in using conservation practices in our operation.
I feel like God has placed us here to be good
stewards of the land and the best caretakers of
His creation that we can be. That will not change,
no matter what new regulations are put in place.
Industry Aims Toward Sustainable Food System
Innovation Center for U.S Dairy®,
established under the leadership of dairy farmers,
today announced the publication of the 2013 U.S.
Dairy Sustainability Report. In the report, the
Innovation Center outlines its progress to
measure, communicate and improve the social,
environmental and economic performance of the
dairy industry. This progress has helped
strengthen dairy's role in a sustainable food
"Together, we can meet the
challenge to provide nourishing dairy foods and
beverages to a growing population while facing a
changing climate and finite natural resources,"
said Tom Gallagher, CEO of the Innovation Center
and Dairy Management Inc.™, the nonprofit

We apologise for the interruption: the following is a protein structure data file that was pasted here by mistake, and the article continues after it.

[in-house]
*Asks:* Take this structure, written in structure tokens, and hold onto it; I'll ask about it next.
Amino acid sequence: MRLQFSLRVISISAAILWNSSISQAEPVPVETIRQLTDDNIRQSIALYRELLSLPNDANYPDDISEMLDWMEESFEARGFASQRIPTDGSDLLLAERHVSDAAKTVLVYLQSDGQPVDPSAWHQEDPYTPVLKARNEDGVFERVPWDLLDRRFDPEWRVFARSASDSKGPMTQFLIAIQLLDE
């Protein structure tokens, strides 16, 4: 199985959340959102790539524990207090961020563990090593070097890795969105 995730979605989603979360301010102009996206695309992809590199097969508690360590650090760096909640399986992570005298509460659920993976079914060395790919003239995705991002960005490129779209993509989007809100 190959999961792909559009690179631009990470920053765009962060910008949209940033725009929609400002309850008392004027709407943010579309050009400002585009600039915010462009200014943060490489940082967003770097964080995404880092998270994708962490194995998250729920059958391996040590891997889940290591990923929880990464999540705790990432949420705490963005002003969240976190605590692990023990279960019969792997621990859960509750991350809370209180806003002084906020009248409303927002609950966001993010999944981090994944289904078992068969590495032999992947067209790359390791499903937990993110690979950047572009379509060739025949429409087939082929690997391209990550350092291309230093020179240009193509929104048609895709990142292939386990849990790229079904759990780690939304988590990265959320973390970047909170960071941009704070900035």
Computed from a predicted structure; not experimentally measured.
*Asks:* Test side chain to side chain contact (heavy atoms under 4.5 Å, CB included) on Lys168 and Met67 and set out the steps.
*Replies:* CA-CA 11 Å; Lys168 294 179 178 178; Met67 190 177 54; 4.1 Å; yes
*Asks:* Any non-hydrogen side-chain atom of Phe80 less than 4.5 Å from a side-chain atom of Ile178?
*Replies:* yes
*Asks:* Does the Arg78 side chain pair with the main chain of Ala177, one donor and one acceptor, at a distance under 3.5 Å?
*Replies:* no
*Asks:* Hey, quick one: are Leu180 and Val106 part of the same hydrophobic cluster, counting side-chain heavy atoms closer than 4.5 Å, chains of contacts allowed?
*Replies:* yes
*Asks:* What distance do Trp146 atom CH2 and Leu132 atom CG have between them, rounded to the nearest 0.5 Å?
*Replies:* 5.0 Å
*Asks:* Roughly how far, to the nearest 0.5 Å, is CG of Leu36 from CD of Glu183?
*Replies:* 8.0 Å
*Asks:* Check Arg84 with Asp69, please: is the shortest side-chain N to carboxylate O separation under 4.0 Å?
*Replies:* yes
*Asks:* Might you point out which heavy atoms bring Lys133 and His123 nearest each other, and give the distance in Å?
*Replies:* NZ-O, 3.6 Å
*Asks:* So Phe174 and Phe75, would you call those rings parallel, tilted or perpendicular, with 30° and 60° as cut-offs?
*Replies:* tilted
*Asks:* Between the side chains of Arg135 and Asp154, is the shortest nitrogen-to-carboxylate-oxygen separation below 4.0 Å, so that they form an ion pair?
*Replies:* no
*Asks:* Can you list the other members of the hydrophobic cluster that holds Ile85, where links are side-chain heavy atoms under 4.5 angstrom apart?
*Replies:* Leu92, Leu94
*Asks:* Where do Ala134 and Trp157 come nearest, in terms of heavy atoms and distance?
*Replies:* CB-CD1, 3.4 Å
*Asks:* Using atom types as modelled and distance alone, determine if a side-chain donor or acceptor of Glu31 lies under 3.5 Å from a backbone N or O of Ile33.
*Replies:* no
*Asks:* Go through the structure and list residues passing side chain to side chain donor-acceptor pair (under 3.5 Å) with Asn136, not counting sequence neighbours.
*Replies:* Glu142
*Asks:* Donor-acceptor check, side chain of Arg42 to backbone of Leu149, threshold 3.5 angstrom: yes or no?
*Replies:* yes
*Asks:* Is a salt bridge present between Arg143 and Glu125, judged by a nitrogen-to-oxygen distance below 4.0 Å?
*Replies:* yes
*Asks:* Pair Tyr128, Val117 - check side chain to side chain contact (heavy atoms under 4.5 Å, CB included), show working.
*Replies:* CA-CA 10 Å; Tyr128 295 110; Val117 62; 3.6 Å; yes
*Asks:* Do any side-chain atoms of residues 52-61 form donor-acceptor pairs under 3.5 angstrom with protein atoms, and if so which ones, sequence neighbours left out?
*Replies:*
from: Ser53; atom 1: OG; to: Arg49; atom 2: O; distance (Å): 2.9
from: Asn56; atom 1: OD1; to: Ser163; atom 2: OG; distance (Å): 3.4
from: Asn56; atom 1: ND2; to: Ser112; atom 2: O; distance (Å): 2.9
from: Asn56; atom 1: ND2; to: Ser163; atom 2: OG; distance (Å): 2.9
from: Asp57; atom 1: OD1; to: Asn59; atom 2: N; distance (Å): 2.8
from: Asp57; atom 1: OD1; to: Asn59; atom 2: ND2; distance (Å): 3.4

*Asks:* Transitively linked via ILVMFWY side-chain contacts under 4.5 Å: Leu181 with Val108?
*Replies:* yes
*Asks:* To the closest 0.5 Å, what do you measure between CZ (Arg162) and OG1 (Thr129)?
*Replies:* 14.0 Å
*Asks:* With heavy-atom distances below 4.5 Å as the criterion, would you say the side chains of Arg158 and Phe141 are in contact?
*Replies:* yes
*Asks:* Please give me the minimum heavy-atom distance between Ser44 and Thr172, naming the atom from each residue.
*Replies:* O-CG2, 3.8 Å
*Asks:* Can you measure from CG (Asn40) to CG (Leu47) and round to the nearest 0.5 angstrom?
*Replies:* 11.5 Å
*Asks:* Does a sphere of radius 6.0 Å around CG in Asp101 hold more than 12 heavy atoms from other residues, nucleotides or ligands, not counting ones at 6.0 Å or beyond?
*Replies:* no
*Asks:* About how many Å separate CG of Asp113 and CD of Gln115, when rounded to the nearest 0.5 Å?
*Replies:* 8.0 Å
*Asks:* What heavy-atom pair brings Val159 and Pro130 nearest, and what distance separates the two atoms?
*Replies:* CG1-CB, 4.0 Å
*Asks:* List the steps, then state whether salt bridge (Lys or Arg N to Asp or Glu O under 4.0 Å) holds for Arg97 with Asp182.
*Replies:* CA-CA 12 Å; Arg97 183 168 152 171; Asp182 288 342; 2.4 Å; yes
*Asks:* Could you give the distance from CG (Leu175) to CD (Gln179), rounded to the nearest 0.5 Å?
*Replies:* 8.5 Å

organization that manages the dairy checkoff. "We
are building partnerships, sharing knowledge and
taking collective action to develop innovative,
sustainable solutions that will help us meet this
challenge efficiently and responsibly."
more information on the 2013 U.S. Dairy
Sustainability Report Click Here.
Weighs Producer Options For Marketing Calves
a strong cattle market, what should producers do
with their weanling? Hang on to them, market them
quickly, K-State Livestock Market Economist
Glynn Tonsor says producers will
have several decisions to make. In the current
situation, he believes there is more than one good
historically high feeder cattle prices are setting
up the typical cow-calf producer around the
country and especially those that have decent
pasture conditions, so their cost situation is
improving to have a historically high year in
2014," Tonsor said. "And a lot of producers who
typically just sell at weaning, a fall weaning